As if robocalls didn't have a bad enough reputation in the world of Baltimore media and politics thanks to consultant Julius Henson's activity in the last gubernatorial election, along comes WBFF (Channel 45) Monday night with its own questionable computer-generated calls into hundreds of thousands on Maryland homes.
And the calls continued Tuesday. I received one at my home in Baltimore City both days. Raquel Guillory, director of communications for Gov. Martin O'Malley, also received one at home in Howard County Monday night around dinnertime.
More from Guillory in a moment -- and the possible political intent of calls from a station owned by Sinclair Broadcast Group, which has a history of support for conservative causes, asking questions in such a way that might be damaging to a Democratic governor. Or, might they be aimed at trying to gauge support for petition ballots opposed to the Dream Act and same sex marriage in Maryland?
At first, I though the Monday-night call, which was voiced by station anchorman Jeff Barnd and encouraged viewers to watch the 10 o'clock news on WBFF, had something to do with this being the last week of May sweeps. Some stations have been known to use any edge they can to artificially inflate ratings during audience measurement periods.
But the second part of the call is where the real issues appear to be raised. It involves what Barnd labels as a "survey" in which the respondent is asked a series of political questions about O'Malley. And the language of the questions is loaded enough so that it could create an unfavorable attitude toward the governor -- or at least elicit answers that might appear to support on an-air story showing a large segment opposed to him. The common political term for such a slanted survey is "push poll."
The robocall starts out asking viewers a couple of questions about being bitten by ticks and contracting Lyme disease, which is transmitted by the insects. But while viewers were then urged to watch the late news to hear their comments during a story on the disease, the tick and Lyme queries were only the warmup or, what some see as the come-on for a much lengthier series of questions on Maryland politics and O'Malley, which to them seemed like the real purpose of the call
The questions were about the Dream Act, The Civil Marriage Protection Act, Maryland income taxes being raised, O'Malley's "legislative agenda" and whether the governor backed the Civil Marriage Protection Act and the Dream Act to "further his political career"? In the call, Barnd describes the The Civil Marriage Protection Act as the "focus of his (O'Malley's) legislative agenda."
Here's that question: "Governor Martin O'Malley made same sex marriage the focus of his legislative agenda. Do you think he's using the issue to further his political career?"
Here's the one on the Dream Act: "The state legislature passed and Governor Martin O'Malley signed a law that would allow illegal immigrants to get in-state tuition at Maryland colleges. This law is being put to a statewide referendum this fall. Your choices are to vote for or vote against. Do you intend to vote for providing in-state tuition for illegal immigrants at Maryland colleges?
WBFF general manager Bill Fanshawe said he and Scott Livingston, the VP of news operations for Sinclair, hired an "outside advertising company" to conduct the poll. He declined to name the firm or say where it was headquartered, but the phone number that respondents were asked to call Monday night was the 202 Washington exchange.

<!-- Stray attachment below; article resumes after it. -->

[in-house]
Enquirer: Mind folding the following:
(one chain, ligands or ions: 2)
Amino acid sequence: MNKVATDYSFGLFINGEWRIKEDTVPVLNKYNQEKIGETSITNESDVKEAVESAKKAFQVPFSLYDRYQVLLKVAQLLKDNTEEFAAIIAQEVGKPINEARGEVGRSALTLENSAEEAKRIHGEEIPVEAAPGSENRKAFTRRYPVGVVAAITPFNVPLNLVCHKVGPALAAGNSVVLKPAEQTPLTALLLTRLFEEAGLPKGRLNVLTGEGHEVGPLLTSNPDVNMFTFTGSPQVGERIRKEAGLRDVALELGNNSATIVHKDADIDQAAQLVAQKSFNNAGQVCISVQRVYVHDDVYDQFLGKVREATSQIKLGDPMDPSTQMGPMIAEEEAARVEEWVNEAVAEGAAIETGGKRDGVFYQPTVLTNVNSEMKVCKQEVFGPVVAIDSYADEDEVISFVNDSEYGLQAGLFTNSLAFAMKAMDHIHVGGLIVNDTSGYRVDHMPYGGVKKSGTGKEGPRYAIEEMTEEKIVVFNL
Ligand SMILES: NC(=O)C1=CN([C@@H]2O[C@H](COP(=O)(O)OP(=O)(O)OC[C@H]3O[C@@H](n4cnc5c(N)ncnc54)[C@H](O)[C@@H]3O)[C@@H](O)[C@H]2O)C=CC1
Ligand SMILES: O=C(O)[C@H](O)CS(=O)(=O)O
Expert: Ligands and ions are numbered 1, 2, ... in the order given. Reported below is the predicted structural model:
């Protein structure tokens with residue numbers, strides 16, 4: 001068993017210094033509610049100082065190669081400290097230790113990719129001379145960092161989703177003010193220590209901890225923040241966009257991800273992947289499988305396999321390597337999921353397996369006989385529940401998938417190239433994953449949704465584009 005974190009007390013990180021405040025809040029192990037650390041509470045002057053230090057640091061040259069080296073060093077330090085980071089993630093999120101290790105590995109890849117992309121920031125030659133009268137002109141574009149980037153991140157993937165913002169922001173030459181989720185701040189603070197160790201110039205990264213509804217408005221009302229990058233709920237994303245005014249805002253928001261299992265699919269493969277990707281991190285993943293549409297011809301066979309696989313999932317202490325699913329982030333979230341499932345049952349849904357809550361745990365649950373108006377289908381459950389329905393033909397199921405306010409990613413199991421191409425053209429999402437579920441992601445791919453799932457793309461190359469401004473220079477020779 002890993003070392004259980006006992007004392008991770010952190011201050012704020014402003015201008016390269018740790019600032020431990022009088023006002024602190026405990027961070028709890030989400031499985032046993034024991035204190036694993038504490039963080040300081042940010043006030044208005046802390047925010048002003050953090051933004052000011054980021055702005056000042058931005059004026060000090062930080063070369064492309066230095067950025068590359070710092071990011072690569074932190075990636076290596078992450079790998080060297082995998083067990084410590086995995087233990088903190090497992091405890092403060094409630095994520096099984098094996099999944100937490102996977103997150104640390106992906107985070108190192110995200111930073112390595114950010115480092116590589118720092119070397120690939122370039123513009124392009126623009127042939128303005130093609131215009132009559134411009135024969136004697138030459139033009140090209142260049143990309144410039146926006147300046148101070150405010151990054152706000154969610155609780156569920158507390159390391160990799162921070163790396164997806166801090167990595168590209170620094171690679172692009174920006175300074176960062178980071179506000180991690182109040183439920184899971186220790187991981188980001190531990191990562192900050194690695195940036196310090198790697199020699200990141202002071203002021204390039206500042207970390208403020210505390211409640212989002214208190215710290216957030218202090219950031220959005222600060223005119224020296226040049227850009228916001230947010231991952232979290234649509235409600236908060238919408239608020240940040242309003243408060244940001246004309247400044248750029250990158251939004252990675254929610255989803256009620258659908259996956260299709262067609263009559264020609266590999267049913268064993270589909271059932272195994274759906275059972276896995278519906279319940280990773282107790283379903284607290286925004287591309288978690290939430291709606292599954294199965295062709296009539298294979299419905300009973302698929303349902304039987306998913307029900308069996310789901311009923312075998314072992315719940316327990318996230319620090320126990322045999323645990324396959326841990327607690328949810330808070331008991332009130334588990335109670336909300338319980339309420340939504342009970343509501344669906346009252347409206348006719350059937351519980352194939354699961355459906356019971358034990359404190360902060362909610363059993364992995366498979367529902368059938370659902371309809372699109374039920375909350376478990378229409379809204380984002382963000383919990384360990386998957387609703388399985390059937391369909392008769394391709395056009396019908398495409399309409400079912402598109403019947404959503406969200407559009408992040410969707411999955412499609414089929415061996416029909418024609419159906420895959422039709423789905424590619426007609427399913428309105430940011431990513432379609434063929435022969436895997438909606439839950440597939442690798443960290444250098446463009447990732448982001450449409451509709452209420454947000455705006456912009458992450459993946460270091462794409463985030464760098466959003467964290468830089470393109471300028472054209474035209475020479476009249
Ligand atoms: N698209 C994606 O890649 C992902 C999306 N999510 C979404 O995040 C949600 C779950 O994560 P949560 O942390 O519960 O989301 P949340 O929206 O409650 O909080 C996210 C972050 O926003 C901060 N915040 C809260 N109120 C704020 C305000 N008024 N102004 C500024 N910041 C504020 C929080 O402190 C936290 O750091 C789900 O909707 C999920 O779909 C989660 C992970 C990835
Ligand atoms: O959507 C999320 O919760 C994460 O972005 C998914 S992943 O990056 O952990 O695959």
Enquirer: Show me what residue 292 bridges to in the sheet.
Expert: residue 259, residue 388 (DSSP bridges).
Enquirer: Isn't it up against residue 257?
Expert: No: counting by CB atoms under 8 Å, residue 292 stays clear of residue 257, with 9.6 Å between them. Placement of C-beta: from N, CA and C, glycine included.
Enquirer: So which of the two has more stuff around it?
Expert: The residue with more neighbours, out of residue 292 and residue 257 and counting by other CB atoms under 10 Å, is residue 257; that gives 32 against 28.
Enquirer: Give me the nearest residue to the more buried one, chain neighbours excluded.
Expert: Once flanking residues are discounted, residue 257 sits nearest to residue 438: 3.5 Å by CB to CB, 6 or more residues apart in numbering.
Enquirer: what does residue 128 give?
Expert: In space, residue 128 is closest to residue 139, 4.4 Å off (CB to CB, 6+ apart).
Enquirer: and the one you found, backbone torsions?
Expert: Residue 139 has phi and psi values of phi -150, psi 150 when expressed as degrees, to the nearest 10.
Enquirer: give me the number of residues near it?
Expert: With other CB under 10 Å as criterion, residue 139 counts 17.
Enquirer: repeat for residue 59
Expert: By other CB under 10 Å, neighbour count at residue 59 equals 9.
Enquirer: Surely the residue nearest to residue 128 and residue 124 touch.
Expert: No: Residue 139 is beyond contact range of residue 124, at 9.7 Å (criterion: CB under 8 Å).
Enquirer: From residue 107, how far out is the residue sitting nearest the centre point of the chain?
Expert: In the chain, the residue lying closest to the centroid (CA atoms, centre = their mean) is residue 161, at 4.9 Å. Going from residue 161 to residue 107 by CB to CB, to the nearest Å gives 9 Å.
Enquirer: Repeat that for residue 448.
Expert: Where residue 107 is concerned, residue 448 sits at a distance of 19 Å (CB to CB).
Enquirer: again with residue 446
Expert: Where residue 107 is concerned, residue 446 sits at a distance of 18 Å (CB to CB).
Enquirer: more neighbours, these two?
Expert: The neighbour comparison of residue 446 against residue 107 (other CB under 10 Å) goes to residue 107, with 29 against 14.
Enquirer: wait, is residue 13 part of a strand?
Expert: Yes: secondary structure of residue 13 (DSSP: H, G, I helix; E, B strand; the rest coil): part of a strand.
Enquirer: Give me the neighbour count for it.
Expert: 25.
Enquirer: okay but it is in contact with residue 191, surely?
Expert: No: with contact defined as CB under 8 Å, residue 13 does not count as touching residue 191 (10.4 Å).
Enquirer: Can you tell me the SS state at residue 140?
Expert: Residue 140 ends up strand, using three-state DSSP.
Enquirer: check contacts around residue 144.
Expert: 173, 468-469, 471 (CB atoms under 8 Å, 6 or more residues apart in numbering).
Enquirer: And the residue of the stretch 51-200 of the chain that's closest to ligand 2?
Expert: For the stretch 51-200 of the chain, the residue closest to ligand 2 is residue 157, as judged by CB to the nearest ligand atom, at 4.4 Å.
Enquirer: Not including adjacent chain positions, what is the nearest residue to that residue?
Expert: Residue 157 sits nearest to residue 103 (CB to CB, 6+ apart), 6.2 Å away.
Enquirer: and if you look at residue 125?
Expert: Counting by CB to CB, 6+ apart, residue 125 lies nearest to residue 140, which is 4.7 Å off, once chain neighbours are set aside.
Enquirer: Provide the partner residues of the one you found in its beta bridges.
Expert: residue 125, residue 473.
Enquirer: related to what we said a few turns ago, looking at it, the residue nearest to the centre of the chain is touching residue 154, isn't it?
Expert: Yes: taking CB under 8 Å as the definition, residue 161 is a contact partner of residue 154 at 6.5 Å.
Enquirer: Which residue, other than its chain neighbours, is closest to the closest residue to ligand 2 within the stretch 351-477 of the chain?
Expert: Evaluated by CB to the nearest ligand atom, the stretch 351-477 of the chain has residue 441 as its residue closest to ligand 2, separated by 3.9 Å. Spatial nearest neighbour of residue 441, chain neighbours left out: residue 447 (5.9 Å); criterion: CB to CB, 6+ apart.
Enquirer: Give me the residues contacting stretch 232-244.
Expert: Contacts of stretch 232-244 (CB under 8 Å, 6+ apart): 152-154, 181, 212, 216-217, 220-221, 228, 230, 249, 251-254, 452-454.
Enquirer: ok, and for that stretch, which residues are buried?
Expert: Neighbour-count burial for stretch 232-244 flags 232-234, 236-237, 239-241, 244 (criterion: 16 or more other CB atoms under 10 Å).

Fanshawe said the poll was a result of the station's ongoing efforts to be "interactive with viewers." He said the station has long had a "question of the day" on its website, and was just taking that strategy to a "higher level."
He said the calls were made to "hundreds of thousands" of Maryland homes, and that the station has received 60,00 responses.
When asked about having the station's anchorperson voicing the questions, Fanshawe said, "We asked our anchorman to do it so that people would know it was legitimate when they heard his voice."
Fanshawe said he thought the langauge used to ask the questions was "straightforward."
Guillory, who said she was speaking from her "perspective as the communications director who received a phone call, rather than for the governor's office," has a very different take on the calls.
Describing the call that came into her home during the dinner hour Monday, Guillory said, "I immediately heard the recognizable voice of Jeff Barnd asking me about Lyme disease, so I chose to participate. And somehow, I ended up on a path answering questions about my boss's political aspirations."
In Guillory's professional opinion, "The average person could have clearly been swayed by the way the questions were worded. Being in the thick of it here, I know what's going on, but the average person could have clearly been swayed."
"I've certainly heard of questionable tactics being used before, but I had never been asked to participate in one of these kinds of polls, so it was a little eyebrow raising for me," she said Tuesday afternoon.
When asked if she was surprised to have a news organization and anchorman involved in such a poll.
"Sadly, I'm not surprised," she said.
When pressed for an explanation of that, she added, "I'm not surprised because of where the call came from."
Trying to make sure I would not misrepresent what she she seemed to be suggesting, I said, "Do you mean you are not surprised because Fox 45 is owned by Sinclair and the company has a history of having supported conservative politicians and causes?"
"Yes," she said.
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